Rubella, measles, polio and tetanus are a blast from the past.
Modern medicine has nearly eradicated incidences of these medical conditions. In some areas, however, they’re making a bit of a comeback, and according to health officials, the reason is clear – dropping immunization rates.
Dr. Karin Goodison, one of the medical officers of health for this zone, said the numbers are clear, as a trend has emerged which has seen a smaller percentage of locals participate in immunization programs.
Last week was Immunization Awareness Week, and Goodison and other health professionals are sounding the alarm as to what this might mean, as the immunization rate of 88.8 per cent in 2007, which once had this zone in the middle of the pack, fell to 79.5 per cent in 2013, the second-lowest in Alberta. One zone had a 79.4 per cent immunization rate, while at the other end of the spectrum witnessed a zone where 88 per cent were immunized in 2013.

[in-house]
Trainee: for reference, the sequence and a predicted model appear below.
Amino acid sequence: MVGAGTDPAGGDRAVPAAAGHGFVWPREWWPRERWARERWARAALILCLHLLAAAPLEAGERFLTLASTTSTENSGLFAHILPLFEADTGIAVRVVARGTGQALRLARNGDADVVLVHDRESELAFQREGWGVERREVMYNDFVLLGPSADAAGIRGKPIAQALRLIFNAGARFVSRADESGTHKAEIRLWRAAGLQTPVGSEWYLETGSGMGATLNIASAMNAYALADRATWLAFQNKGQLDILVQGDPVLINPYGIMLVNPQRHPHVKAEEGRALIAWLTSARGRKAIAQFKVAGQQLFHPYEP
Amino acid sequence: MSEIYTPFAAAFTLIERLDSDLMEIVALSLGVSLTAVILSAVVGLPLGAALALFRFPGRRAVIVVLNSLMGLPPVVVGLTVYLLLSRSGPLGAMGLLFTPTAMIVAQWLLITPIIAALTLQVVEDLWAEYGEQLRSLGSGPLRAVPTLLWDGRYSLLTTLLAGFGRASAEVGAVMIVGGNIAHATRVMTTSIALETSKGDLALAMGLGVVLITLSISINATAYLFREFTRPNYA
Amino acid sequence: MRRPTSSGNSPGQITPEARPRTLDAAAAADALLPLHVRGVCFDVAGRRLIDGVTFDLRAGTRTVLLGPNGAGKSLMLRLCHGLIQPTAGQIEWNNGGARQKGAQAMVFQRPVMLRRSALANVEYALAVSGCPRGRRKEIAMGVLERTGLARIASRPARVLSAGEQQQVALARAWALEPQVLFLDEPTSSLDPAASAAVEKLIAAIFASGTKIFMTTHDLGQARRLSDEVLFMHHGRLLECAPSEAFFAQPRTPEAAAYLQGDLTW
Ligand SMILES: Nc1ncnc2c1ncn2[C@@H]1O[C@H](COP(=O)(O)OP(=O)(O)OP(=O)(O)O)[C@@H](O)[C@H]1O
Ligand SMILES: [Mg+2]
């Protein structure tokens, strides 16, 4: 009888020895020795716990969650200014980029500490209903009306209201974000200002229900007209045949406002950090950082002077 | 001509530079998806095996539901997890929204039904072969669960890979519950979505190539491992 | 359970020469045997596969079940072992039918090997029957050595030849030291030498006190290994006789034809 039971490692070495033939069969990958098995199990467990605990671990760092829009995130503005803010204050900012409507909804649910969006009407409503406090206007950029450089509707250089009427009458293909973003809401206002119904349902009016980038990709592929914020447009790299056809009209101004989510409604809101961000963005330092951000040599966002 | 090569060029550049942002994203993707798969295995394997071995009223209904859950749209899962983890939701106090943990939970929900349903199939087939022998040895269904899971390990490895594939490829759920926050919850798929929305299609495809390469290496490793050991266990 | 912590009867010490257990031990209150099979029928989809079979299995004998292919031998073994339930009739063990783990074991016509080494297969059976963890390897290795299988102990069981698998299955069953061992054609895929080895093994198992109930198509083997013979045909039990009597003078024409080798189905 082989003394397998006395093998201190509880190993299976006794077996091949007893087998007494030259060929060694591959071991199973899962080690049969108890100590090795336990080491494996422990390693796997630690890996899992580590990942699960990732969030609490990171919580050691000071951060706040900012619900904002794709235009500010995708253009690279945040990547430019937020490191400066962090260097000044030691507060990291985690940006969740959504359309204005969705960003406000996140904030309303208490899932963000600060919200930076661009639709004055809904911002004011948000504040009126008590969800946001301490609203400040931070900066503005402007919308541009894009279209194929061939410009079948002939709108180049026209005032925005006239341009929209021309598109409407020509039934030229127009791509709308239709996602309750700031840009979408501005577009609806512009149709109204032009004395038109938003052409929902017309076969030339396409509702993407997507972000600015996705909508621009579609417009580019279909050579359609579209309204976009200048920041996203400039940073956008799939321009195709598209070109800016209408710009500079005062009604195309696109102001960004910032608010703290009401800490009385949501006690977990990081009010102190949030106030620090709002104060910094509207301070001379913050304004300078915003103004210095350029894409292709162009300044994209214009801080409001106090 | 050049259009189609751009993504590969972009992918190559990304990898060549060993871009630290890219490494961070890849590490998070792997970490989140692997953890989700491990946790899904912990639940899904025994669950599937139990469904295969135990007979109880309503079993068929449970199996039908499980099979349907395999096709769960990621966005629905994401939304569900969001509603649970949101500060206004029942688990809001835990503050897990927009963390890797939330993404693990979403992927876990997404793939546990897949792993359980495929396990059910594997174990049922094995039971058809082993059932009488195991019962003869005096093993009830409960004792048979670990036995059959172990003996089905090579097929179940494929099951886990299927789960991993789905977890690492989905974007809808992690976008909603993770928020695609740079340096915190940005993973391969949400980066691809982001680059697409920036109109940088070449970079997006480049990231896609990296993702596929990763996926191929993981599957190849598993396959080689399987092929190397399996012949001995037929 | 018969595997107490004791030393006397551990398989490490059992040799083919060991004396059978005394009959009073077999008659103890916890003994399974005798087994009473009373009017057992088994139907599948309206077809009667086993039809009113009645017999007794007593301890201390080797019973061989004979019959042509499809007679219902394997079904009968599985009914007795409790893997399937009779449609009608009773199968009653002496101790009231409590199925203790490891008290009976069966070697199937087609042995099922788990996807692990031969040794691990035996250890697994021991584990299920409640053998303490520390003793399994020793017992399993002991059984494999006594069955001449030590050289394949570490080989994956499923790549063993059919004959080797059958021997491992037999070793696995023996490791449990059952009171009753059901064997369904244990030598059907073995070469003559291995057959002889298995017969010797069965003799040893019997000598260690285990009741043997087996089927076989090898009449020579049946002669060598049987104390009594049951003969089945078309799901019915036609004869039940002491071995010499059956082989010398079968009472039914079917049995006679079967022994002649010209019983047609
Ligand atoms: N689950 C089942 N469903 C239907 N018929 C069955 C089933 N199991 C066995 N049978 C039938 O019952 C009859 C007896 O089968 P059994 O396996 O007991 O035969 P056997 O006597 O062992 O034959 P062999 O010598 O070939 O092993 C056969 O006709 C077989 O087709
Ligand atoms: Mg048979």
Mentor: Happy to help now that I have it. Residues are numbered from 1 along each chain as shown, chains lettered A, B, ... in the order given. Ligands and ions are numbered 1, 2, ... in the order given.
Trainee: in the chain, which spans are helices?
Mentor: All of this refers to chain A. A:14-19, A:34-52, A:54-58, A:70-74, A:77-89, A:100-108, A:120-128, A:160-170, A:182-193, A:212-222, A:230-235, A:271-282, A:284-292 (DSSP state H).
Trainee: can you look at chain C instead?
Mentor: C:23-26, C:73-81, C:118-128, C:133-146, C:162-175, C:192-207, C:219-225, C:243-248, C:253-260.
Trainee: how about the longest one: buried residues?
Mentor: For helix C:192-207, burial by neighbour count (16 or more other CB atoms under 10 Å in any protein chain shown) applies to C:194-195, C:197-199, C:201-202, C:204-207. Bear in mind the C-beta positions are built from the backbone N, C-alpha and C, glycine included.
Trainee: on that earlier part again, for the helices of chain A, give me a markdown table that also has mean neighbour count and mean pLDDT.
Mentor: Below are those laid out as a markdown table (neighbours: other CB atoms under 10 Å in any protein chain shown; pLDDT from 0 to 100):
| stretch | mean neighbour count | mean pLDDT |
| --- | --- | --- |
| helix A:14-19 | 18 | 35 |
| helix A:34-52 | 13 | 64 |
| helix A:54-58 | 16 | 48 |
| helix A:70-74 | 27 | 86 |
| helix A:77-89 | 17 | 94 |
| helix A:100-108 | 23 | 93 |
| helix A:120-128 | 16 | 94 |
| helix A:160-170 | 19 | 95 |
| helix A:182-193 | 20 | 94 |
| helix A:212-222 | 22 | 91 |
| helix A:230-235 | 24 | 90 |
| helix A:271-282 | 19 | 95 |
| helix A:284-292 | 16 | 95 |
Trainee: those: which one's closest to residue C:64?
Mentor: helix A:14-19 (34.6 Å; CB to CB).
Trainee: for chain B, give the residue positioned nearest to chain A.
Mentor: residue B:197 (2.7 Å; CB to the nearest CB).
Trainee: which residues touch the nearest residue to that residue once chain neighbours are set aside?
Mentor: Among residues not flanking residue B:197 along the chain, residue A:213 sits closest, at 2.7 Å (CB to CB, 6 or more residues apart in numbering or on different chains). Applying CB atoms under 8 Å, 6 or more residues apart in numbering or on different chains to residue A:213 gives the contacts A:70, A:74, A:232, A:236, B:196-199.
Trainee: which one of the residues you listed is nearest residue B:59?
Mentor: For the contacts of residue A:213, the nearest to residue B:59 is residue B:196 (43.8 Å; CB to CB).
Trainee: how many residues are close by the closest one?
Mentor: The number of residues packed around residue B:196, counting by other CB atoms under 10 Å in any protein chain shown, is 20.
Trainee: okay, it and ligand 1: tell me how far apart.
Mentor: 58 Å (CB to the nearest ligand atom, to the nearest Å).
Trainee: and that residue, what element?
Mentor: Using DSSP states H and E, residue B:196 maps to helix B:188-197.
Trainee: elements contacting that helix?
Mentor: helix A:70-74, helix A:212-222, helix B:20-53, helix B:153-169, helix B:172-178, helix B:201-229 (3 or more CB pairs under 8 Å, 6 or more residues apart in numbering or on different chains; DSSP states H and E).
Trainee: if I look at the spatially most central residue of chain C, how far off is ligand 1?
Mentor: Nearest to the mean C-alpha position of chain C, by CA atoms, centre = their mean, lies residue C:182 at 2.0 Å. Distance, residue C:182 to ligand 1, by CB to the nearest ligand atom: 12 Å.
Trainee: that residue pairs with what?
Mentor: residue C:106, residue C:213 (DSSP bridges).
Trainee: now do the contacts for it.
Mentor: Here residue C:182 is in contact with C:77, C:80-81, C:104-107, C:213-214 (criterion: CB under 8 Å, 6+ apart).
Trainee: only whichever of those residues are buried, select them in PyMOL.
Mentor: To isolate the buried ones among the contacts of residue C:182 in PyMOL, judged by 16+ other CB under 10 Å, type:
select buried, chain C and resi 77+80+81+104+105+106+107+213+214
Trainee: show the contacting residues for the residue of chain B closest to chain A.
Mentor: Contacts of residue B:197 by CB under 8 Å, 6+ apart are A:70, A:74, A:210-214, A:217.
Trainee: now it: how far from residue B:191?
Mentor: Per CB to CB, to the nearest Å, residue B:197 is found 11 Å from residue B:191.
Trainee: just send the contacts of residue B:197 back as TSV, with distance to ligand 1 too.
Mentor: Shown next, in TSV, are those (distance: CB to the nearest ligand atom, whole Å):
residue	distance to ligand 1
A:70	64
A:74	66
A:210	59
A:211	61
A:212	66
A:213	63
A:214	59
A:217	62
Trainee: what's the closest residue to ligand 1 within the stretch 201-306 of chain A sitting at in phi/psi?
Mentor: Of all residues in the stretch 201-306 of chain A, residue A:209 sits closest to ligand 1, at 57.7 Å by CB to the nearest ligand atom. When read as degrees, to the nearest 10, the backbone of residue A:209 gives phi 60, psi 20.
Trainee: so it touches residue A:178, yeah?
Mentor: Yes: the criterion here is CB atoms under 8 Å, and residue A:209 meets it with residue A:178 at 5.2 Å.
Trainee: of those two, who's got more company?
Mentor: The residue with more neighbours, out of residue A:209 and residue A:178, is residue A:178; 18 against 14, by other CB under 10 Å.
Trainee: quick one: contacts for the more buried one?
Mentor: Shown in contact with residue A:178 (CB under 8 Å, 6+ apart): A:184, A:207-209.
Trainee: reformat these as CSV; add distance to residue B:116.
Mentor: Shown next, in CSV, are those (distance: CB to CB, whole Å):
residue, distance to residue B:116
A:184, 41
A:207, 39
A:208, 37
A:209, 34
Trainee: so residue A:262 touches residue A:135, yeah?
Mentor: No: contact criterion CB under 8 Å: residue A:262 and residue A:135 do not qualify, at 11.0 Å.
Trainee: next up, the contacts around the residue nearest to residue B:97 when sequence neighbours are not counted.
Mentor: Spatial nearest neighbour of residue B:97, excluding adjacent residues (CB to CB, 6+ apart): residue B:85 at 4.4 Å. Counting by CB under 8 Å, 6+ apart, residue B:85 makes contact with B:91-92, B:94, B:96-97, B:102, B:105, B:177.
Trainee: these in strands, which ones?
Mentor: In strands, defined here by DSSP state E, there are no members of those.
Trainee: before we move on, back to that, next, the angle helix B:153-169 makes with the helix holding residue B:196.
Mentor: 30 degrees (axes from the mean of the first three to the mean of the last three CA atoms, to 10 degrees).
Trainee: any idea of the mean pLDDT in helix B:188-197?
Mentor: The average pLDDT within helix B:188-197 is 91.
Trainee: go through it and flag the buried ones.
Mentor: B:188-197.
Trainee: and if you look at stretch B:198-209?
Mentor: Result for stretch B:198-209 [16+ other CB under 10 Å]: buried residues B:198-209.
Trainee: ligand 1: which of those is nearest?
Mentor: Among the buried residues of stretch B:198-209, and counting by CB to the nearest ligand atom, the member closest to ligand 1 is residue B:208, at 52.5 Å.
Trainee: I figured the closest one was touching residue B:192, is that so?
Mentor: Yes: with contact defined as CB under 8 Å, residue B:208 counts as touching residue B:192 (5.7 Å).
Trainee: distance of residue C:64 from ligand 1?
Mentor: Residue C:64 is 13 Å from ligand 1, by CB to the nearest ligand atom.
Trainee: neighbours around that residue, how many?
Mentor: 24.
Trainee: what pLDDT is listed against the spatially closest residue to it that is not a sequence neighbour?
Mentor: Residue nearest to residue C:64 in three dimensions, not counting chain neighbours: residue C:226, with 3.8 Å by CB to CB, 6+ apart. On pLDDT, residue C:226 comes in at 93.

“That trend is concerning to us here and across Canada,” she said. “We’re seeing some vaccine-preventable diseases coming back.”
The Lethbridge area has experienced measles outbreaks recently, and Goodison said a similar outbreak which hit Quebec is evidence some long-forgotten medical conditions can quickly be resurrected.
“Groups with low immunization rates are susceptible, because they don’t have that herd immunity,” said Goodison. “Although our overall immunization rates aren’t terrible, we do see pockets where we have low immunization rates.”